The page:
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Deafblind woman and her sister suffer verbal abuse after briefly removing mask

A teenager was the victim of verbal abuse after briefly lifting her mask so that her deafblind sister could read her lips.

People wearing surgical masks

A passenger on a train to Southport confronted 16-year-old Saule  Pakenaite as she tried to communicate with her sister, Karolina.

Despite explaining that her sister has Ushers Syndrome, and is both visually impaired and hard of hearing, the woman refused to believe that the mask needed to be removed.

"You're taking the piss, you", the woman said.

Saule responded, "Legally she is deafblind. There's a spectrum. Google it. You don't know what you're talking about".

"Deafblind my arse", the woman replied.

UK government guidelines state that everyone must wear a mask except if they have a legitimate reason not to, for example, due to health, age or equality reasons.

People who are travelling with, or providing assistance to, someone who relies on lipreading to communicate is exempt. That's UK law.

It's easy to say that the woman reacted badly but she may have had legitimate concerns about the spread of COVID in a confined space.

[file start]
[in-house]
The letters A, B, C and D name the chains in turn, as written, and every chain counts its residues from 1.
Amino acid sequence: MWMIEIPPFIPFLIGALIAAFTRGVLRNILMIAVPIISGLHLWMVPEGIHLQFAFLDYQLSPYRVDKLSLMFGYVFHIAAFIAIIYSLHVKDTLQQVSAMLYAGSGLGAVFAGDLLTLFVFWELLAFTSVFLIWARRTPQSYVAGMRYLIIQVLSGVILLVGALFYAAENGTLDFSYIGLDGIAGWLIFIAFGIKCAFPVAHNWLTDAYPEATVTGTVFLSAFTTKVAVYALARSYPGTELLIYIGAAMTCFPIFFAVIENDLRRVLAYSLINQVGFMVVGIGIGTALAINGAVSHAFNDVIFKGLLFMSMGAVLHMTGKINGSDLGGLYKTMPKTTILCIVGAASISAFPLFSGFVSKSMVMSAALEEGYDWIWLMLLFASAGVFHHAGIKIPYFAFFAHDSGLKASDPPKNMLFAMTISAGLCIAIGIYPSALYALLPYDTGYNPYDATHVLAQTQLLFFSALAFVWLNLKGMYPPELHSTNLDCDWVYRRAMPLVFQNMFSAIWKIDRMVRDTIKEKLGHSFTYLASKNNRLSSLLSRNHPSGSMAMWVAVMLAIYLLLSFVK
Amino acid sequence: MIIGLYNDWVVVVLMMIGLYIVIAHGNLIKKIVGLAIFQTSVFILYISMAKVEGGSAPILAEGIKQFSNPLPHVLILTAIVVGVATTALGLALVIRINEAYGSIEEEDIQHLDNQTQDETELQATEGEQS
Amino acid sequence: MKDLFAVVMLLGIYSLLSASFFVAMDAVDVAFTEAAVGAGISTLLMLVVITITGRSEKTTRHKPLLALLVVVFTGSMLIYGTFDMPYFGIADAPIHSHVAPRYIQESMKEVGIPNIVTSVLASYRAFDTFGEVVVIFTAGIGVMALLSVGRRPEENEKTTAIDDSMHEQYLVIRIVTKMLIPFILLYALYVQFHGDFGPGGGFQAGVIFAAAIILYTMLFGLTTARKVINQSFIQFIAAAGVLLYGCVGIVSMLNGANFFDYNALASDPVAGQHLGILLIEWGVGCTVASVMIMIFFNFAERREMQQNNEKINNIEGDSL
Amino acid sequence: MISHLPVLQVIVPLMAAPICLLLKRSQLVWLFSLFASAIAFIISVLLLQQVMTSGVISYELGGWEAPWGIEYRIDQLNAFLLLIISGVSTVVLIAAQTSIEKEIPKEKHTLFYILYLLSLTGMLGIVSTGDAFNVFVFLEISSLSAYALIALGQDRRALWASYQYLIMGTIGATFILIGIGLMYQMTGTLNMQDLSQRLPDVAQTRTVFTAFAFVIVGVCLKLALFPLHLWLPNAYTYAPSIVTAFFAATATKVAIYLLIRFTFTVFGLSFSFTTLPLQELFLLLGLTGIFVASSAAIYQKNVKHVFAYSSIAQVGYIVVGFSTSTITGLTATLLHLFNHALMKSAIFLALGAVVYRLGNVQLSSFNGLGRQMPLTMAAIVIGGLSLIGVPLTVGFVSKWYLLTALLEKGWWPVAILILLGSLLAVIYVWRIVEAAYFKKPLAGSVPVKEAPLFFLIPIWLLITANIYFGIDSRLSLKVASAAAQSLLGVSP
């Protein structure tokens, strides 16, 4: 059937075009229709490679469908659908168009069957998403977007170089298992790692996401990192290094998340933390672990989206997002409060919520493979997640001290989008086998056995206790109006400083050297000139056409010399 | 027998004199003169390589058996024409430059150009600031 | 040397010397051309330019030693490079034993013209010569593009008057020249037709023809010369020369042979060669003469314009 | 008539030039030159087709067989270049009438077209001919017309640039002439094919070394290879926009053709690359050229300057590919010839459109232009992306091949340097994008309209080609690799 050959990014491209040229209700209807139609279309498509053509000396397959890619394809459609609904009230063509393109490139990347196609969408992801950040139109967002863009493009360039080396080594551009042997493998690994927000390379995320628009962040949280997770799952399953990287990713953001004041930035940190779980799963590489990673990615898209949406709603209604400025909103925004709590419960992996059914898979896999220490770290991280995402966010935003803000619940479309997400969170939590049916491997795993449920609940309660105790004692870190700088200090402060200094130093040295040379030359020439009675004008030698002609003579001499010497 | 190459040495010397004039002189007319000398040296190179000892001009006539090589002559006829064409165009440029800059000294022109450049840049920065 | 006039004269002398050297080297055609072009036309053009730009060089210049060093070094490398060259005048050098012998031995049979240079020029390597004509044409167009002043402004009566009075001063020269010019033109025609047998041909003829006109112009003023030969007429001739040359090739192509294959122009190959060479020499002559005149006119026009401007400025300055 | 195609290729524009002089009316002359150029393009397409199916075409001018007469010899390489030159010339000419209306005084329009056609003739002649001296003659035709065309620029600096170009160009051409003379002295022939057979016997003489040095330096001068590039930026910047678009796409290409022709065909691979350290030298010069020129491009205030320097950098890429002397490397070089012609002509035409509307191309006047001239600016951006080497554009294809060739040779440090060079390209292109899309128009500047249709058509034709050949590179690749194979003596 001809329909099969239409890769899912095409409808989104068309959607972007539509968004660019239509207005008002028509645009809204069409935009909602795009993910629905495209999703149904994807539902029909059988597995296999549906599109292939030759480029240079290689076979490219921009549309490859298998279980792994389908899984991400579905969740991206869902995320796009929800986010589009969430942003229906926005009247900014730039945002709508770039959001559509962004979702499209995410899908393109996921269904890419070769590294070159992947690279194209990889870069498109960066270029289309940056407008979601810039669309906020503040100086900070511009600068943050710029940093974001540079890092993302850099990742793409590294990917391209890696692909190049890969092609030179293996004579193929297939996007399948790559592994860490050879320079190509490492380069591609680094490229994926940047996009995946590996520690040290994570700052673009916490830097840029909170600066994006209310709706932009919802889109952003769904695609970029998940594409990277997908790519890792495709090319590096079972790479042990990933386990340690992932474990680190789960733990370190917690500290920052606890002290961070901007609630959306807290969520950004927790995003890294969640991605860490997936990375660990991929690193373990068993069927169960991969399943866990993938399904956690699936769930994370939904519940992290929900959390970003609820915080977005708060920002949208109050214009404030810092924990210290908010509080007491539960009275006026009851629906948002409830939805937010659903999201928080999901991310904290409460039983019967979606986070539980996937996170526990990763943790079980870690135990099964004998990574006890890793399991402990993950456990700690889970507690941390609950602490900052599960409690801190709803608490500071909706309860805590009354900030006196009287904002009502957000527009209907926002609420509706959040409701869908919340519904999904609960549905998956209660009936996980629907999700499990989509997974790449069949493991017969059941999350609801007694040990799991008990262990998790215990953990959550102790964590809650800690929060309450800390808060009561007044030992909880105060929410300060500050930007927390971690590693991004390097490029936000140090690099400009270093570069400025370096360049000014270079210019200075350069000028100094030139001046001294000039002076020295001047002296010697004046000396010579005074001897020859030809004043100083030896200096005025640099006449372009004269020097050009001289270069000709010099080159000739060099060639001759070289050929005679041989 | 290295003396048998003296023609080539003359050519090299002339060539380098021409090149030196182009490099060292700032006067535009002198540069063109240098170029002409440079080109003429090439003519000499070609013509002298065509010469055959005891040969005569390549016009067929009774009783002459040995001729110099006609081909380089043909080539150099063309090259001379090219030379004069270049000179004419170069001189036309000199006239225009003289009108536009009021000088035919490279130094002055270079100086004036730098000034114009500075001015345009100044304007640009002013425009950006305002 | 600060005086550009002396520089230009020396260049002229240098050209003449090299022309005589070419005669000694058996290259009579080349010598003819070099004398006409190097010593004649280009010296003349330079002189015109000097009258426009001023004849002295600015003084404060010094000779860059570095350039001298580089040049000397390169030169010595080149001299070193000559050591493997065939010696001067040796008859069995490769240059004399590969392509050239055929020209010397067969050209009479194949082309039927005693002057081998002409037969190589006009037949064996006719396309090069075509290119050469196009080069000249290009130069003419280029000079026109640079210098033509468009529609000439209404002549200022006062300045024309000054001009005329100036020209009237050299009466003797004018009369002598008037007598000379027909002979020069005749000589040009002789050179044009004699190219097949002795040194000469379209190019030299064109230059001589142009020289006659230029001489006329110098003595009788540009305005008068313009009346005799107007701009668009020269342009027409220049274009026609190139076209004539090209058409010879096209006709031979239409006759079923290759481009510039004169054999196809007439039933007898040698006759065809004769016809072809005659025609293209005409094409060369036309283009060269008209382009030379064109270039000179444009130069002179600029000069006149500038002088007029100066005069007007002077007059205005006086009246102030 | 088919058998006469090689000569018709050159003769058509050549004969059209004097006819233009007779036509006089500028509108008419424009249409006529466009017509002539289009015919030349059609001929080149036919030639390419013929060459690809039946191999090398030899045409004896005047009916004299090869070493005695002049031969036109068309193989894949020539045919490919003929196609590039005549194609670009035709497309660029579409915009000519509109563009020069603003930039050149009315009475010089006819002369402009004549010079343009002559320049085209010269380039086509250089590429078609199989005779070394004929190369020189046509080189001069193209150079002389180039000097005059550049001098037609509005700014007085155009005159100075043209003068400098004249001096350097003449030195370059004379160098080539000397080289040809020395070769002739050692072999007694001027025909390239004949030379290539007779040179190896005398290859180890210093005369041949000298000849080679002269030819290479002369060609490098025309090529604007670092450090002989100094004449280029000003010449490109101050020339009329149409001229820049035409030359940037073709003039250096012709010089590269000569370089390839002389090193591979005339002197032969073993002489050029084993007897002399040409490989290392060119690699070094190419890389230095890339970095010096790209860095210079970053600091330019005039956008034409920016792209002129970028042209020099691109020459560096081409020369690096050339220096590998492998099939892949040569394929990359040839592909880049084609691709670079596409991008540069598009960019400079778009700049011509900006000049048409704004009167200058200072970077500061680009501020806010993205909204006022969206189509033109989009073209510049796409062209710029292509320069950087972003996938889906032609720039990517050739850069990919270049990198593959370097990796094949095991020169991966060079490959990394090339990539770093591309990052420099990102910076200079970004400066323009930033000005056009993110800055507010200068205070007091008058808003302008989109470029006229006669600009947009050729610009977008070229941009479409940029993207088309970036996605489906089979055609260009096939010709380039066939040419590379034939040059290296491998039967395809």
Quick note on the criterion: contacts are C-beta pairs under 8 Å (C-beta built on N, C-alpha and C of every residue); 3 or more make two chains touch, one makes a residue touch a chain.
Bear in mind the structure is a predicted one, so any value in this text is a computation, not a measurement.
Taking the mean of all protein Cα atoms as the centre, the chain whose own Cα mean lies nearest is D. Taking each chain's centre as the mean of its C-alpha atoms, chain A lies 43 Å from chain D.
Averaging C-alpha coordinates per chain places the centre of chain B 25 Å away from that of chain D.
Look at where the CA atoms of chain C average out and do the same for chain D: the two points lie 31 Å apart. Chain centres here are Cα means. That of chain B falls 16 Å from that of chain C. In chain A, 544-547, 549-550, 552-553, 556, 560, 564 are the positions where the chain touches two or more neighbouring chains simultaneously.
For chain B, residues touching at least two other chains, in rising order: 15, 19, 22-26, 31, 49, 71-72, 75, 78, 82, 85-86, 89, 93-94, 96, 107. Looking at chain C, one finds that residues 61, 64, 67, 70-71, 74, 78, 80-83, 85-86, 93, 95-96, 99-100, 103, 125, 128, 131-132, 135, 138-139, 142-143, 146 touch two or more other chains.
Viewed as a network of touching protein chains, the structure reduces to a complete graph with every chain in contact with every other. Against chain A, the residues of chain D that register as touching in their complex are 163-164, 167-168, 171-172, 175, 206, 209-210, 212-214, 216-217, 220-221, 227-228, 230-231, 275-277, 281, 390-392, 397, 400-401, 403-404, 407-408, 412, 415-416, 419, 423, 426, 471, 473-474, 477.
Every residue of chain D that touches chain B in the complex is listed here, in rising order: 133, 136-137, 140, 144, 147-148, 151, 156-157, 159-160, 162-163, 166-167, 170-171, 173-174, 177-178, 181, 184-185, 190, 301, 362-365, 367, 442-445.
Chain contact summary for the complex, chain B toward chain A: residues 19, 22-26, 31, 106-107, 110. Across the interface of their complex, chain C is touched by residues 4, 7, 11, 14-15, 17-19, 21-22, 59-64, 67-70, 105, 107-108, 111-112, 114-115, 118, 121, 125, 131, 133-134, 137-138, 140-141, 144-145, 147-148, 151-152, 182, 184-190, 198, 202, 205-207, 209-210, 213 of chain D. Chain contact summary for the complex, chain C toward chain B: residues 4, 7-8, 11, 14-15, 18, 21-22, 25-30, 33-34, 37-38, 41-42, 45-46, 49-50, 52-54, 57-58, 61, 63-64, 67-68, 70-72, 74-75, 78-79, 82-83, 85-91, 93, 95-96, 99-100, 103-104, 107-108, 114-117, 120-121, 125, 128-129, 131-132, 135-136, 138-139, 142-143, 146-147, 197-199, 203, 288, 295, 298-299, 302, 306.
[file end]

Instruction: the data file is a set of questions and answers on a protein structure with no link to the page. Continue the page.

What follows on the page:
The obvious answer, that would help everyone and not cause any more problems like this is for windowed masks to be more available. I'm yet to see one out in the wild.  

I think this story also highlights the misunderstandings that many people have with hearing loss. The woman refused to believe that Karolina had a hearing issue because she heard some stuff and only needed the mask removed for some conversation. People don't realise that a hearing loss and the ability to hear is not a consistent thing, just because you heard something someone said a minute ago doesn't mean you'll hear them now - background noise could have changed, different words are being spoken, the speaker might be in a different direction, and so on.

Hearing words when you are partially deaf is not an all or nothing thing, what you understand changes often as the environment you are in changes, when the speaker changes tone or volume, when you change yourself, maybe you become fatigued or distracted.

A see-through mask would have avoided this situation, a better understanding of hearing loss by the woman would have also helped.

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Posted by

Steve Claridge

Steve Claridge

LinkedIn Twitter Facebook Co Founder

I have been wearing hearing aids since I was five years old, when a mild hearing loss was first diagnosed - now aged 45, that mild loss has progressed to a severe one and I rely on some pretty awesome hearing aid technology to be able to stay in the conversation. I'm passionate about helping people to understand hearing loss, hear more and communicate more easily.

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